Harassment in the workplace … are your staff saying #Metoo?

#metoo harassment in the workplace#MeToo has been trending since the Harvey Weinstein media fury kicked off. Men and women are coming forwards saying that they too have had to deal with harassment.

I empathise. It is endemic. Both the serious stuff and the lesser kind of harassment. The loud assertive voices saying ‘get over it’ or ‘you’re being over sensitive’ or ‘you’re imagining it’ or ‘just ignore it’ etc. have resulted in so much being brushed under the carpet for far too long. I have even heard people say ‘we dealt with harassment in the workplace decades ago, it doesn’t exist anymore, you’re just too sensitised to it all’. It’s hard speaking up when so many people around you are telling you that you’re a flake seeking attention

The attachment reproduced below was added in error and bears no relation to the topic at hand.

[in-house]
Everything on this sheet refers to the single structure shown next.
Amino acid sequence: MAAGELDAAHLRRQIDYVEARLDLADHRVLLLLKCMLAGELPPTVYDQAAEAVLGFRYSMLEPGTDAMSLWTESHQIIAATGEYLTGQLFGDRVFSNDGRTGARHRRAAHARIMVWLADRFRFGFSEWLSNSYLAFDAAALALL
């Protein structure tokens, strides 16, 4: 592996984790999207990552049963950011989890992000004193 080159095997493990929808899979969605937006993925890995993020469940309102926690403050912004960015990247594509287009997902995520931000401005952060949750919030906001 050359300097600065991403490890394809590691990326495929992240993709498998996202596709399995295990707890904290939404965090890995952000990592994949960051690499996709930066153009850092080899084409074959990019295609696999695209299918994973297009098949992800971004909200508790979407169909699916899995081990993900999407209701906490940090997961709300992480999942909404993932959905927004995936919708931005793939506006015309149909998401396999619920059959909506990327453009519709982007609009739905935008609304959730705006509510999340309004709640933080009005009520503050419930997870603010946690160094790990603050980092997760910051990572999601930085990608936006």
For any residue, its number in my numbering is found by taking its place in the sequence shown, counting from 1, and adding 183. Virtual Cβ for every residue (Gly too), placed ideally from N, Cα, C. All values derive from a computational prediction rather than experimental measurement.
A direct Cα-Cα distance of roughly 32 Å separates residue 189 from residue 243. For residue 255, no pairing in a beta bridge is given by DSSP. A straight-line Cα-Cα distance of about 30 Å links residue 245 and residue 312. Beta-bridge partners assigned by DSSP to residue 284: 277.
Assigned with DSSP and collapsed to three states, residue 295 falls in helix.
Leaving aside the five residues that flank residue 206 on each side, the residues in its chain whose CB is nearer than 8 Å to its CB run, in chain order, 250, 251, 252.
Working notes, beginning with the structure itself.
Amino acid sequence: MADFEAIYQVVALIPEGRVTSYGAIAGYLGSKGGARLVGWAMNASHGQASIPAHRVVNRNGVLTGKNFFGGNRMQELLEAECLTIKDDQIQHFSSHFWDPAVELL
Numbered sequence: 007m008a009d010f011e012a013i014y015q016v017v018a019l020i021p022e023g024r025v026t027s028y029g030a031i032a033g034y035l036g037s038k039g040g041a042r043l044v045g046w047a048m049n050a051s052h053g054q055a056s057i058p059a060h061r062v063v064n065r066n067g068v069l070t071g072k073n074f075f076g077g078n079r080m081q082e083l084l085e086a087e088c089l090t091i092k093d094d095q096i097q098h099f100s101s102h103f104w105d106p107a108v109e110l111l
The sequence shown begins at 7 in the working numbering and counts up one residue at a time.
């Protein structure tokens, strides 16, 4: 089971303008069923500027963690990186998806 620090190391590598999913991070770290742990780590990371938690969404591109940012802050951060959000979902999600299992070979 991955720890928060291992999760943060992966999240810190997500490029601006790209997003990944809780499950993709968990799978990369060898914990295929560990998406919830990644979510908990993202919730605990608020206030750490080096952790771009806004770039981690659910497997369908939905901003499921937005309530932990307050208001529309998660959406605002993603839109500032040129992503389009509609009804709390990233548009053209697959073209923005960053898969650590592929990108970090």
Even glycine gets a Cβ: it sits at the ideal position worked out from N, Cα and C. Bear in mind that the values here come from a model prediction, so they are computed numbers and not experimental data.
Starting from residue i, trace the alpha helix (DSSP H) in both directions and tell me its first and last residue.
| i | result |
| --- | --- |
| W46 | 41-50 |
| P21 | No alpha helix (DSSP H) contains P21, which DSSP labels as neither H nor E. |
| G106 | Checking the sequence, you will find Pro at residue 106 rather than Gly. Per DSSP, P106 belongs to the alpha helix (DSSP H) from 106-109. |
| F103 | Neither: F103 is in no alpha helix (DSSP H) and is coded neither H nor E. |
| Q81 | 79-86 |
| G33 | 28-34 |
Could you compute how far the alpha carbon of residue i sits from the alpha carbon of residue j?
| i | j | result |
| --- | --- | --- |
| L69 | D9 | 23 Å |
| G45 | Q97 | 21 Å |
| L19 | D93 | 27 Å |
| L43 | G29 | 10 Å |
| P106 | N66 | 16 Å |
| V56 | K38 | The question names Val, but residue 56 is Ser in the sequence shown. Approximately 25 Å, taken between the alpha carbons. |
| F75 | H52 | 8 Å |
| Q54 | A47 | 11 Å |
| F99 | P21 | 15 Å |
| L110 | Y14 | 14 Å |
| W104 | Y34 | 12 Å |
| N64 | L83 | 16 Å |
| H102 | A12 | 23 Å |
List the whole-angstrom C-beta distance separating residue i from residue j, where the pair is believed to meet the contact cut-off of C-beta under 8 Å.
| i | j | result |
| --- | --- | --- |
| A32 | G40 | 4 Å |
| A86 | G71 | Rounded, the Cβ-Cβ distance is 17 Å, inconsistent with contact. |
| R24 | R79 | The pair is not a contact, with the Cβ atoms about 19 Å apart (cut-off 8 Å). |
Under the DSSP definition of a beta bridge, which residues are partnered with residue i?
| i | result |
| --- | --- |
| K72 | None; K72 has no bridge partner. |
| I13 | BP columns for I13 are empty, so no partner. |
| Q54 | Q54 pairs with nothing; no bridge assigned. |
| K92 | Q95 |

In the workplace there is a fine line to be drawn between playful fun and harmful harassment and assault. It would be a tragedy if all fun was taken out of the workplace. Probably harmful to most people’s well-being too. So we need to find a way to manage the harmful, whilst permitting genuine fun and enjoyment.

#MeToo

I recall, many years ago, when I was a junior in the workplace. My boss’s way of wielding power over the women in his team was giving you the keys to his company car and telling you to drive while he leached at you and told you off. Creepy beyond belief. What a sad man, but his punishment when caught out for his behaviour was a promotion rather than discipline. How ironic.

Shortly before I got married a colleague asked me whether I intended to be faithful to my husband. In her view it would be catastrophic for my career if I couldn’t sleep my way up the ladder. She said she had vowed to remain unattached until she had bagged herself a Director role. Why don’t you take a moment to consider the long-term implications of her decision? Is that the world you thought we were living in? At the time I was cross with her. Now I feel sorry for her and I’m not even going to talk about the workplace cultures she worked in that led her to believe her only hopes for a career lay in sleeping her way into promotions.